Raw Lifestyle

The raw food diet consists of unprocessed and uncooked plant foods, such as fresh fruit and vegetables, sprouts, seeds, nuts, grains, beans, nuts, dried fruit and seaweed. T

Fruit Secrets

Fruit Secrets

Fruits, goldmine of vitamins, minerals and fiber are ideal to consume at least 4-5 servings in a day. Since they are in the natural form, account for largest part of water and 100% bad cholesterol free, it’s much easier for the body to process and absorb the vitamins and minerals from the fresh fruit.

Perfect Apple

Apple – Round fruit with lots of fiber, vitamins A, C, E and folate. Available in green, red or yellow skin when ripe. Apples reduce the risk of colon cancer, prostate cancer and lung cancer. They also help with heart disease, weight loss and controlling cholesterol.

Bananas – Long thick-skinned fruit yellow in color when ripe. Good source of fiber, potassium, vitamins A, C, B6, E & folate. Unripe or green bananas are used in cooking.

Cut The Banana
Six Cherries

Cherries – small round fruit with a seed, red or black in color when ripened. Cherries always have to be ripe to eat. Cherries contain anthocyanins that reduce pain & inflammation.

Kiwi – A rich source of vitamins A, C, E, B – complex, calcium, iron and folic acid, kiwi is a small oval fruit with thin brown skin, soft green flesh and black seeds. The skin is a good source of flavonoid antioxidants.

Kiwi Cut
Cut Lime

Lime – Lime or lemon is the most cultivated citrus fruit with green to yellow color loaded with vitamins A, C and folate. Juice of lime is good for detoxification and has antioxidant properties.

Orange – A round thick-skinned juicy edible fruit that is a reddish-yellow color when ripe with sweet to sour flavor. Peeled and eaten fresh or squeezed to make juice. Contain vitamin C, flavonoids, provides pectin and rich in sodium when ripened in sunshine.

Oranges Tangerines
Ripe Papaya

Papaya – A melon like fruit with yellow- orange flesh with dozens of small black seeds enclosed in skin that ranges in color from green to orange. Either round, pear-shaped, or long like a banana. Rich in vitamins A, B, C, and D; calcium, phosphorous and iron. It is high in digestive properties and has a direct tonic effect on the stomach.

Peach – Round juicy fruit with a yellowish red skin & flesh having a taste of acidic tang and sweetness contains a rough stone. Always to be picked and eaten ripe.

Sweet Peach
Three Pears

Pear – A sweet juicy yellow or green fruit with a rounded shape narrow towards the stalk. Best eaten at room temperature, pear contains kalium and riboflavin. It is good for skin and contains plenty of fiber.

Plum – soft round smooth-skinned fruit with sweet flesh and a flattish pointed stone. It is high in carbohydrates, low in fat and calories. An excellent source of vitamin A, C, calcium, magnesium, iron, potassium, fiber and free of sodium and cholesterol.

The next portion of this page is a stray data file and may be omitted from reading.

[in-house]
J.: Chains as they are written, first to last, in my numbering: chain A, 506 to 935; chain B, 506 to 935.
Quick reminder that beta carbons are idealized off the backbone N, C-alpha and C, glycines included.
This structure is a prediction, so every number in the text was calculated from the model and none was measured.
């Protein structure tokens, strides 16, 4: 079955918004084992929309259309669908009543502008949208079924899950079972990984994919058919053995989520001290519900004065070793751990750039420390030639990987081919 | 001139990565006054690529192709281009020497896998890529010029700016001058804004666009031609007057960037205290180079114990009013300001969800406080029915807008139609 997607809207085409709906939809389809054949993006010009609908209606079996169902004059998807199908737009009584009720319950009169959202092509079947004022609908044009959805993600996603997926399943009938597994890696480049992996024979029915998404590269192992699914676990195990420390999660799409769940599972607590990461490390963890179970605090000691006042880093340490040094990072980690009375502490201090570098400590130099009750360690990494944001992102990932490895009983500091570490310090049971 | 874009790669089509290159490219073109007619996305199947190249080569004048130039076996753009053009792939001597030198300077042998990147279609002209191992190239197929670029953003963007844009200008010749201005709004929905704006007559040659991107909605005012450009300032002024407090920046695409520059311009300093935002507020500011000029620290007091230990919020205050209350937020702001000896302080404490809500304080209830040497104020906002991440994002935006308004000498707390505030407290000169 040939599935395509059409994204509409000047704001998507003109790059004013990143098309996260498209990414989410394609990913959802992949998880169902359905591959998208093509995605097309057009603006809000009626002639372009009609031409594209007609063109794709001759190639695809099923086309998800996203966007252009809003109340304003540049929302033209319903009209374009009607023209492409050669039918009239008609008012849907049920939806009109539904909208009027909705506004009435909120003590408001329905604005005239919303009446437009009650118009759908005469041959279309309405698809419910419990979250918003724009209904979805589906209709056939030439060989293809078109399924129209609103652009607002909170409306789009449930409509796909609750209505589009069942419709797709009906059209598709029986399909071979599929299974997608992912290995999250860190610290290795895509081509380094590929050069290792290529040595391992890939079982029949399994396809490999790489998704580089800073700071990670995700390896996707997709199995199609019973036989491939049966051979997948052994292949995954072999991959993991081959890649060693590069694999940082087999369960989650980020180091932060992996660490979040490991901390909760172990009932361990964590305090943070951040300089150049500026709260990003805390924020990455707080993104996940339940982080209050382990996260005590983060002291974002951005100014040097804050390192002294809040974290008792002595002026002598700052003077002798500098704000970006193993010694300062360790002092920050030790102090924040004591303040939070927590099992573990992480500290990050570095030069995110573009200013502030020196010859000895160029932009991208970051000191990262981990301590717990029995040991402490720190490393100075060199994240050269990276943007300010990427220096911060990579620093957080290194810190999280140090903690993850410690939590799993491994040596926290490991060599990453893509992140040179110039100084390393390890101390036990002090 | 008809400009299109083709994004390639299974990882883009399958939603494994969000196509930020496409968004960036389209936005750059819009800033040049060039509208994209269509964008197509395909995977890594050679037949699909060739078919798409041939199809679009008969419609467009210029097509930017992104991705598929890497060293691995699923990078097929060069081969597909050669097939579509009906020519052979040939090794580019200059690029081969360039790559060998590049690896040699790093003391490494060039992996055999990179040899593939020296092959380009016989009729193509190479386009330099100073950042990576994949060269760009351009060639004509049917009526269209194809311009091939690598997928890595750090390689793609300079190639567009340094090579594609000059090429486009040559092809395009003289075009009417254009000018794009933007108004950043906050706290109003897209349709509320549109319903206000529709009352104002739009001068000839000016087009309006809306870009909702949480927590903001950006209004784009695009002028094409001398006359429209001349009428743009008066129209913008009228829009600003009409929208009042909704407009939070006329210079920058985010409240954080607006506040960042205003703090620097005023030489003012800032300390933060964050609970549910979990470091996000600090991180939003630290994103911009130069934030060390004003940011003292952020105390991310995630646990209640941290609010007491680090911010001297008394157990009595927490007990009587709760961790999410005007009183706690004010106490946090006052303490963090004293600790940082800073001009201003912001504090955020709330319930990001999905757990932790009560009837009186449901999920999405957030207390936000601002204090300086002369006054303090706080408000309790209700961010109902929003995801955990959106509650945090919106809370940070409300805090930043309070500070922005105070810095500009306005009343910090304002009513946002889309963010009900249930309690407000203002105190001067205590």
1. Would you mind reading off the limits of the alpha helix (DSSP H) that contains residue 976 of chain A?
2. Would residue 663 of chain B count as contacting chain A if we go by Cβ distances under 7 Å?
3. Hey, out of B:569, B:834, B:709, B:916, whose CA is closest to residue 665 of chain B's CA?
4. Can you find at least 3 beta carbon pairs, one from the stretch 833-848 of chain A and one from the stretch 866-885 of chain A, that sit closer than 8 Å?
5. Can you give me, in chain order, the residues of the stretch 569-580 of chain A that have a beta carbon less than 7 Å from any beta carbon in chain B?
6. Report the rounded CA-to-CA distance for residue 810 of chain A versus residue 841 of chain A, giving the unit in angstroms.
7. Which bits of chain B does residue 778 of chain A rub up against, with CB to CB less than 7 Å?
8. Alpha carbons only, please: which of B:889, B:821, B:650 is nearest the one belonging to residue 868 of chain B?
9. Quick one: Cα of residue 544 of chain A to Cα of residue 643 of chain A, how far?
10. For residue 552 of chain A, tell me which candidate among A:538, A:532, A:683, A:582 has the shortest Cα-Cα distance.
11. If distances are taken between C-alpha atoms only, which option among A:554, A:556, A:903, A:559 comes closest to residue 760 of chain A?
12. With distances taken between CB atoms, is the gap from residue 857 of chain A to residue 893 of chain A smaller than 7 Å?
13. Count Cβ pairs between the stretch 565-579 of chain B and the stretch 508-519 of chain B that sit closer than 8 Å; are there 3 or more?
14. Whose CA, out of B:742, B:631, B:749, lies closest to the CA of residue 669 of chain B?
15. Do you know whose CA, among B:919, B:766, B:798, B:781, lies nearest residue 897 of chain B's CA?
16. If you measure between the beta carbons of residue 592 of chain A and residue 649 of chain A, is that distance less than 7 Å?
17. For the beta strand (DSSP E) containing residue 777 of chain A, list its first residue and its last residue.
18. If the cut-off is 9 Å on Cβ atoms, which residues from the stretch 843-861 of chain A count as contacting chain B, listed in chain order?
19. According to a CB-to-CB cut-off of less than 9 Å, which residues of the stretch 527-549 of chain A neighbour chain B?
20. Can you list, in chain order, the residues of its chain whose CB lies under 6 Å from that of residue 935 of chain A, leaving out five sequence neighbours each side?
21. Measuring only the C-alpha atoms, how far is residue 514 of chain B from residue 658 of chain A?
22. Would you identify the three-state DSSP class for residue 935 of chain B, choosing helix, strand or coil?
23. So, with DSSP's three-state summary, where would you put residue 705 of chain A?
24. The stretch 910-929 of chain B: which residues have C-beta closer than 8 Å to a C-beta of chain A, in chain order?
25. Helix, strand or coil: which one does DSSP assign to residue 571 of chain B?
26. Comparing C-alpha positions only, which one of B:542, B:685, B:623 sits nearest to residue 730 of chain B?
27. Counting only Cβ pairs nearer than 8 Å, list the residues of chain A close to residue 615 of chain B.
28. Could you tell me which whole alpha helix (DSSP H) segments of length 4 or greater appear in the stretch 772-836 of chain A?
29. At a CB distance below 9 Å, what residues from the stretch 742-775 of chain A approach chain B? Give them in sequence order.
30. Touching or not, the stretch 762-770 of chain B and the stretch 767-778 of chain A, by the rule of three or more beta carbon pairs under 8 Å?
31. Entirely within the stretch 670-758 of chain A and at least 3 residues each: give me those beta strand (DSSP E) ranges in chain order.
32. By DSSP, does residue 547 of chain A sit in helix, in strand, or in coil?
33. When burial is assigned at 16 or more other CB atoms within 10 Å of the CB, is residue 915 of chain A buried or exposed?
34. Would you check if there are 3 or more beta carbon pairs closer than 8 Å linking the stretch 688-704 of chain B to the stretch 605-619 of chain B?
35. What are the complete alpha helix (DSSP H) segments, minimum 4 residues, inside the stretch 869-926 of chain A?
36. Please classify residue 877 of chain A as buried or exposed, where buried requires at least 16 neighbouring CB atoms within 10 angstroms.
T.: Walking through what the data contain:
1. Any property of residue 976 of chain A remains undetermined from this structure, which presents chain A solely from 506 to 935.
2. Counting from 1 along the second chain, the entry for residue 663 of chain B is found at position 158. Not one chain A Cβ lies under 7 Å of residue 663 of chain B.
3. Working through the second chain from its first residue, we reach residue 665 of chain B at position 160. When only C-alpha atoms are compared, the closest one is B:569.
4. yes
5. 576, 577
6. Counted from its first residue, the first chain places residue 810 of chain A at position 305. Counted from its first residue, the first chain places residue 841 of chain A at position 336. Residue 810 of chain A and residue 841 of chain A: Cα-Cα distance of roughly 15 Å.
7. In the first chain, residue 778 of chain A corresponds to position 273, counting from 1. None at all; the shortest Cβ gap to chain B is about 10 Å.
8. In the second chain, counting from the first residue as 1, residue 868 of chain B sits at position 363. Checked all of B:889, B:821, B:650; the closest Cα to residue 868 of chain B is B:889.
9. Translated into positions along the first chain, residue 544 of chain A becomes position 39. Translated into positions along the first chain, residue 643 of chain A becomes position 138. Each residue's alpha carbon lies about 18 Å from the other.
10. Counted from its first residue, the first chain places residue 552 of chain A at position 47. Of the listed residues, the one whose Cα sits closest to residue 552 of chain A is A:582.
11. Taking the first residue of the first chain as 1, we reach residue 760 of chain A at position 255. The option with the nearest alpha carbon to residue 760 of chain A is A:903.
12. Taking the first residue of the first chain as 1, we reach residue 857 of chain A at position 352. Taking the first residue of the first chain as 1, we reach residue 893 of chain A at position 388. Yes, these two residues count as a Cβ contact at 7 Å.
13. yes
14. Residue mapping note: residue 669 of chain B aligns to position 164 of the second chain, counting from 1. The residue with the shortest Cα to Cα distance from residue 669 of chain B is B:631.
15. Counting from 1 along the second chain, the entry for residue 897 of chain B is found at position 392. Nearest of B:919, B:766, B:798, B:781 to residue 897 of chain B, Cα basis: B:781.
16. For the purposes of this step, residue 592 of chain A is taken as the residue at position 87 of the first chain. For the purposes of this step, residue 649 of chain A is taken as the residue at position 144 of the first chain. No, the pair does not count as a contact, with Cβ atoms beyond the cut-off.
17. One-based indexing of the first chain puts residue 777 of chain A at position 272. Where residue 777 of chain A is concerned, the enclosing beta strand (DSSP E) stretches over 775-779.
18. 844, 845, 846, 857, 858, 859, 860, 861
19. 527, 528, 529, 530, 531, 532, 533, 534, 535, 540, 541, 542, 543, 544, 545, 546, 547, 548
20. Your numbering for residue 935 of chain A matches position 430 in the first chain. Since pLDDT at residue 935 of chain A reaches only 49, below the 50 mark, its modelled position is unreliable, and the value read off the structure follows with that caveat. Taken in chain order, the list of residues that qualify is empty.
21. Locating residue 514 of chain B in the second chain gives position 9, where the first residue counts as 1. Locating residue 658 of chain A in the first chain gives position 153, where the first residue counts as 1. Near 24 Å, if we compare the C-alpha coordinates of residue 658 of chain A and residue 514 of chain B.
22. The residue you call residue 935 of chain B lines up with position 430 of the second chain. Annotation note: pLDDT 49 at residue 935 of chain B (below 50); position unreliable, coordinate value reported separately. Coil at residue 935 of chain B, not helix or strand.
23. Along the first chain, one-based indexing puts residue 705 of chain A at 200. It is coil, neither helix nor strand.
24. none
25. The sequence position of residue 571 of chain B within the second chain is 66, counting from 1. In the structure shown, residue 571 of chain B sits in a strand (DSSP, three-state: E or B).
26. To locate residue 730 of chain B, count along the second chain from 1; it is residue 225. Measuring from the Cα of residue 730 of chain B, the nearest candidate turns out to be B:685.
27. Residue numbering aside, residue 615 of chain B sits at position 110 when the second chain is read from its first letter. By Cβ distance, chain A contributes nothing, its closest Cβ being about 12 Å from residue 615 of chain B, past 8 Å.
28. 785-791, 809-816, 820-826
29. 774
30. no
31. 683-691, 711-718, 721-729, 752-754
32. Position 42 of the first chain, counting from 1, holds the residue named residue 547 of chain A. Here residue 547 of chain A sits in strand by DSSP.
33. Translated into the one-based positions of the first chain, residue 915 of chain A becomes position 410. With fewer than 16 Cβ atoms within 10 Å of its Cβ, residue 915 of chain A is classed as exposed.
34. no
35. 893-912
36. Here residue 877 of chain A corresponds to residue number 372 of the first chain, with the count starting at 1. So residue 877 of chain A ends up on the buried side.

Plums in the sun

Strawberry – A triangular shaped red color fruit. It is one of the richest sources of Vitamin C and fiber. It has high content of sodium and iron. It helps in whitening of the teeth. Used to relieve rheumatism.

Watermelon – a type of melon with smooth exterior rind and juicy sweet red interior flesh. Extraordinarily refreshing to drink as juice or eaten when ripe and fresh. Valuable for minerals, vitamins and sugar with useful amount of fiber and iron.

Watermelon for the Soul

Got a favorite? Leave me a comment below.

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From Seed To Plate

From Seed To Plate – Easy Organic Growing

Purchasing organic foods is a rapidly growing trend in the U.S. and all signs say that going organic is no passing fad. Today, a majority of Americans (74 percent) purchase organic food and beverages because they believe it is healthier-and safer-for themselves and their families.

Recent evidence suggests that organically grown crops contain higher levels of vitamin C, polyphenols (naturally occurring antioxidants) and some minerals. Just as important to many families is the fact that organic fruits and vegetables are never grown with synthetic chemical fertilizers, pesticides or growth regulators. People feel safer without these chemicals in the produce they eat.

Growing your own organic produce has never been easier. In fact, organic growing can be as simple as planting seeds in a pot or two in the backyard or even on your kitchen windowsill. Before you know it, your own fresh and fragrant, homegrown vegetables and herbs will be ready for the dinner table. No compost piles or expert growing skills required–only seeds, soil, water and a little nurturing.

Here are a few easy tips on how to get started:

Organic Garening

Windowsill Growing

You can begin growing your own organic food right on your kitchen windowsill. Seeds of Change offers a variety of options to get you growing, including 100% Certified Organic seeds grown by a network of family-owned, certified organic farmers. Start with a Windowsill Salad Kit-then graduate up to growing other vegetables like mouthwatering tomatoes or piquant peppers.

Hydrate! Remember to water, but don’t soak your pots. Water from the top, but avoid wetting the foliage on your plant to minimize the chance of plant disease.

organic homemade salad

From Seed to Plate.

For many gardeners, organic gardening begins with 100% organic seeds and ends with an organic feast. Regardless of how you begin, you will be enjoying the “fruits” of your labor in no time.

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